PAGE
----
This paper brings to the surface for review, discussion, and debate, some critical issues for which multicultural education specialists need to provide useful theoretical frameworks that may guide our explanations to these issues. With the embracing of the ideology of multicultural education in the United States, practically every institution of formal learning, from the grade school to the university, is rapidly subscribing or has already subscribed to multicultural curricula. By embracing the multicultural agenda, educational institutions are demonstrating a commitment to broadening students' views of American subcultures (and world cultures). By exposing students to these subcultures, their histories, experiences and contributions to the U.S. society, it is expected that students will appreciate and celebrate cultural differences, and that ultimately, multicultural education will help eradicate all forms of bigotry, such as racial-ethnic bigotry, sexism, homophobia, etc. in the United States. While the intent of multiculturalism is positive, a critical examination of some aspects of this educational reform endeavor, reveal, at least theoretically, that certain issues in multicultural programming require the development of strong explanatory frameworks. Without adequate explanatory frameworks to explain the issues outlined in this study, these issues may pose great threats to the strength of multicultural education as an interventionist program against bigotry. The area of multiculturalism covered in this study is limited to racial and ethnic (cultural) diversity.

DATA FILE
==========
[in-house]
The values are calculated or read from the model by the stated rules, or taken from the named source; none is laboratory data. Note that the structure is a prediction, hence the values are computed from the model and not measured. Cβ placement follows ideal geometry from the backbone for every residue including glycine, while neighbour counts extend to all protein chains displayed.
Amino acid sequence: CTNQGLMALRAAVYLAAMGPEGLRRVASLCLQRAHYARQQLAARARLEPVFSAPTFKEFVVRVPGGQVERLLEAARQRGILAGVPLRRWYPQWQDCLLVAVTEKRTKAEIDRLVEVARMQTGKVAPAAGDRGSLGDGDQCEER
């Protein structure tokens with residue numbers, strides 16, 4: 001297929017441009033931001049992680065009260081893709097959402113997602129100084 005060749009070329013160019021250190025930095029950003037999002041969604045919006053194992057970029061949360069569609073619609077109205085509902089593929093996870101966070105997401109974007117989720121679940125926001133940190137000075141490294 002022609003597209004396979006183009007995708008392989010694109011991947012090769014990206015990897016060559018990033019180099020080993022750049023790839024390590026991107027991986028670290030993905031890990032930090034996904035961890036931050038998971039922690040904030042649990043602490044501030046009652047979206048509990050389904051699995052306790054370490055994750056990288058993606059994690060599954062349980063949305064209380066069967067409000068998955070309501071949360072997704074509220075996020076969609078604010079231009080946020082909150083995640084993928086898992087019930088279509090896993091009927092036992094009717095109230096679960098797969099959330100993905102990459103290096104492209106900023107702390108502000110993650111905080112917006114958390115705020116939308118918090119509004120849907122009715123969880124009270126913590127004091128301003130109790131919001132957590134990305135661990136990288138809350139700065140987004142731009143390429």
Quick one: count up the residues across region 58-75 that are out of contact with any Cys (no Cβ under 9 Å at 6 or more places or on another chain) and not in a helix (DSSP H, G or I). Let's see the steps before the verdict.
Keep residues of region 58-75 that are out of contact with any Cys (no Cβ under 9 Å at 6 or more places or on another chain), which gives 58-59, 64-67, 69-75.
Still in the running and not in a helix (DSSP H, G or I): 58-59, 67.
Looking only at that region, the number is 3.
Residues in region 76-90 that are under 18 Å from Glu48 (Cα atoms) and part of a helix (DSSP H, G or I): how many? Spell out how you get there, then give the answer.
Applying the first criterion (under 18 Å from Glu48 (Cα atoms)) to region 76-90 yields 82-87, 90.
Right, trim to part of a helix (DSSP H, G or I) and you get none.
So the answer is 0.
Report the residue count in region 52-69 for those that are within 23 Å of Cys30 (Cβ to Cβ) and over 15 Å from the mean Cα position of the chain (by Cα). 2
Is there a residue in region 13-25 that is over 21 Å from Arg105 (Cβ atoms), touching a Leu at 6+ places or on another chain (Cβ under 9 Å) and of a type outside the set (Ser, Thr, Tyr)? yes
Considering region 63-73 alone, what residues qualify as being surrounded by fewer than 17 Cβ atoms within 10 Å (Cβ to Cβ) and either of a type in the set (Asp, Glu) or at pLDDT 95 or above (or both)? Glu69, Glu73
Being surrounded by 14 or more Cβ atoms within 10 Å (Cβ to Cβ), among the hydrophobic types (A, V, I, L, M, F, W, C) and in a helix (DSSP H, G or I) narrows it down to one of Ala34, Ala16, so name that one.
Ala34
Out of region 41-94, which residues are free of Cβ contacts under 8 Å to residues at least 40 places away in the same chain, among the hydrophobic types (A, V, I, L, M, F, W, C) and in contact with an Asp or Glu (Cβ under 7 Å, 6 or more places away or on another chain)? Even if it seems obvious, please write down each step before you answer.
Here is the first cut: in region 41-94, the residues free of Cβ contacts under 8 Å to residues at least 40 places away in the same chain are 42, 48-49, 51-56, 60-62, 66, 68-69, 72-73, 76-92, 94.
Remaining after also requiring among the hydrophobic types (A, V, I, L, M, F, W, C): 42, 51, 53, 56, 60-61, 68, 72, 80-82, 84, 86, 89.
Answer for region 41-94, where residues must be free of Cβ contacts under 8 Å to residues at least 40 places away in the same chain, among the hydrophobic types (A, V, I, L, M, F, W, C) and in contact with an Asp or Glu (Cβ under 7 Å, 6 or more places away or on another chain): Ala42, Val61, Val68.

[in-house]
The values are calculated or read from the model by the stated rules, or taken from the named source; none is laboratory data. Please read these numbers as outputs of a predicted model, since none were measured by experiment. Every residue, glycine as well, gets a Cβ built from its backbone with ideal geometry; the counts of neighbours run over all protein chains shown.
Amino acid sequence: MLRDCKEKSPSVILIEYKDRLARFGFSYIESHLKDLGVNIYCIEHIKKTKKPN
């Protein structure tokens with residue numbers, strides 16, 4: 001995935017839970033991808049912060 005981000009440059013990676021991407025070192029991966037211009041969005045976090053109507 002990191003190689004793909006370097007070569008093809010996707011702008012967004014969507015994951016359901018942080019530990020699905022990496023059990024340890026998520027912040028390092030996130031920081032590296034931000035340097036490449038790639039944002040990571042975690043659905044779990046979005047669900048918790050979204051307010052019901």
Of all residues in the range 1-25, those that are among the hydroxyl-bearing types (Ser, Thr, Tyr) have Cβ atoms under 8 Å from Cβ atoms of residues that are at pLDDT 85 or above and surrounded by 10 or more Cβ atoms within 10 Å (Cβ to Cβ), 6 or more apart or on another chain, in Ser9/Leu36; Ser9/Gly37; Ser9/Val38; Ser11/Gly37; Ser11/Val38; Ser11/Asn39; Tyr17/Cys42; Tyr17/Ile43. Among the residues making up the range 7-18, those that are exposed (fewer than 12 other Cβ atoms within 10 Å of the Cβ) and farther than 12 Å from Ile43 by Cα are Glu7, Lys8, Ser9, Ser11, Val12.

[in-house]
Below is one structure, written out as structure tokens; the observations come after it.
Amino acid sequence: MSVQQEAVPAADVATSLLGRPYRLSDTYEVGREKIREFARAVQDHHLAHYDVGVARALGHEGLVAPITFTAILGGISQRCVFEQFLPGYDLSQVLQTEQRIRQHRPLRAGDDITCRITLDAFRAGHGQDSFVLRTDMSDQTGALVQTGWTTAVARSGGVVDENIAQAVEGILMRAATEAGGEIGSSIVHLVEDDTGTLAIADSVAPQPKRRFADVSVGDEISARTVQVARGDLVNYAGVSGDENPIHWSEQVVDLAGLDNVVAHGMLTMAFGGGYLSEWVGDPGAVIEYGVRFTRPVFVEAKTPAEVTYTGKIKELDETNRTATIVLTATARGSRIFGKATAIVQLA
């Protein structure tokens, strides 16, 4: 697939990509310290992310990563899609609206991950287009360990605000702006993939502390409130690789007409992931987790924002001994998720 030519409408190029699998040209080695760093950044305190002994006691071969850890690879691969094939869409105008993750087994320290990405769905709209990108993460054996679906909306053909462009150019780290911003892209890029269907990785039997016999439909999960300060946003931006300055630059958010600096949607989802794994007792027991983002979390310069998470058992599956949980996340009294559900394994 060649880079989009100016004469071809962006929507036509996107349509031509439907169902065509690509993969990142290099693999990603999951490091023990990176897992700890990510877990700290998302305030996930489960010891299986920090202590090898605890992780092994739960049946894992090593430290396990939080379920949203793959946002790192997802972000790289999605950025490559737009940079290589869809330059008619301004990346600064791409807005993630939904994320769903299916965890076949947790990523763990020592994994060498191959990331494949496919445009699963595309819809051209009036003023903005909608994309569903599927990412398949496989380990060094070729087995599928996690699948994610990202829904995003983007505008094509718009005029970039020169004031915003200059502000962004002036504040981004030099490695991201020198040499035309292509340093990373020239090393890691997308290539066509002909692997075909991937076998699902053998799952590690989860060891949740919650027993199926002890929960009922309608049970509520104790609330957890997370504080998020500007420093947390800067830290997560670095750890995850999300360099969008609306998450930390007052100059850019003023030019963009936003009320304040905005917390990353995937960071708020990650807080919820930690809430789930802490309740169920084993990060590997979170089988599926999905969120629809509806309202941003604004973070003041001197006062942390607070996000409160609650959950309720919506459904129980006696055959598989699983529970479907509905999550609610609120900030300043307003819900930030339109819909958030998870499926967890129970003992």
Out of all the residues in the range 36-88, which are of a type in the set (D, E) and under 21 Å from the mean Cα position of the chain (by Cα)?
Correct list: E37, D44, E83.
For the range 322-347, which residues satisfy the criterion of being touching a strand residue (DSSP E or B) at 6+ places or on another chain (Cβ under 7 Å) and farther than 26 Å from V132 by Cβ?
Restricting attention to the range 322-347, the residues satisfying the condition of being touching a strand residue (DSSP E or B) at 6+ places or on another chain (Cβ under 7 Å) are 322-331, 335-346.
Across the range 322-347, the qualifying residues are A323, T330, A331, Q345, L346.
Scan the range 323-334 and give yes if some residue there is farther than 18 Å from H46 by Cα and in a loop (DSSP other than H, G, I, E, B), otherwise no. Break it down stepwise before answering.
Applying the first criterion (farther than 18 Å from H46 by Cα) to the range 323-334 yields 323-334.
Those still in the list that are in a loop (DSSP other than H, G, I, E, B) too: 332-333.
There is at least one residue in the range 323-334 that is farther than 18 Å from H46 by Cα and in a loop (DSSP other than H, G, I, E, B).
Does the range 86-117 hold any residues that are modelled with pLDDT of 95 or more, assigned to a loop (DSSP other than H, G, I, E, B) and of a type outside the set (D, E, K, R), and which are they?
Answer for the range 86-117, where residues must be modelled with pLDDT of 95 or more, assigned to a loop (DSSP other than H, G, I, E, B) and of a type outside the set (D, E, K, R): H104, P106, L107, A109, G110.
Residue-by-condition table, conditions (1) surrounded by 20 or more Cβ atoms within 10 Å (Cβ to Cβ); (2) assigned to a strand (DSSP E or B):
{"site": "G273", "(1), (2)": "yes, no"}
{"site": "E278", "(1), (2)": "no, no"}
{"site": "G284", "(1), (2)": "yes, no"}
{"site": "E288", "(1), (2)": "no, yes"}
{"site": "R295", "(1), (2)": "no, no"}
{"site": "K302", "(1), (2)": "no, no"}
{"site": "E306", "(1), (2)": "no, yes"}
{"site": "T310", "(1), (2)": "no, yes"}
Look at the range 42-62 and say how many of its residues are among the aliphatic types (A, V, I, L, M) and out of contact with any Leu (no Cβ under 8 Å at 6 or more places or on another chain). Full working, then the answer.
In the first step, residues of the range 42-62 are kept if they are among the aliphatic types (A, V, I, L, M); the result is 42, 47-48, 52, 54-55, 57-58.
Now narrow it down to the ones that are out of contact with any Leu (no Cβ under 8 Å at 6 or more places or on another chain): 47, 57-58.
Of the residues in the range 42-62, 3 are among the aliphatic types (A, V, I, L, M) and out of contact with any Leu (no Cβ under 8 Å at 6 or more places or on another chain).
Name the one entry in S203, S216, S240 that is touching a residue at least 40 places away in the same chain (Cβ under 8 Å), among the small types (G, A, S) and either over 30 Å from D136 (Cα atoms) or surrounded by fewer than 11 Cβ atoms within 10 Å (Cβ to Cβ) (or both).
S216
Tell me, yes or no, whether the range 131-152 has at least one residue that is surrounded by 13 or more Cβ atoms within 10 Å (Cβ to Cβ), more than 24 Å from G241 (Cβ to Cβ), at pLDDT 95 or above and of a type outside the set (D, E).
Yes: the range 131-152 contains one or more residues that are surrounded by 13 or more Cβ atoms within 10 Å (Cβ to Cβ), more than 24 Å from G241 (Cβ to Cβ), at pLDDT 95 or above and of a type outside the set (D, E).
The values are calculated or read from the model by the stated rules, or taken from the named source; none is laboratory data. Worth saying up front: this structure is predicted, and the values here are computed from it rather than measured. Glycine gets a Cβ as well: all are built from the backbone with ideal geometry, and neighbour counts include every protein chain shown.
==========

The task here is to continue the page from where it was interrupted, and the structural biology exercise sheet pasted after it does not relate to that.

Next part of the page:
Oyinlade, A. Olu
"Multicultural Education: Work Yet to be Done,"
Great Plains Sociologist: Vol. 18:
1, Article 4.
Available at: https://openprairie.sdstate.edu/greatplainssociologist/vol18/iss1/4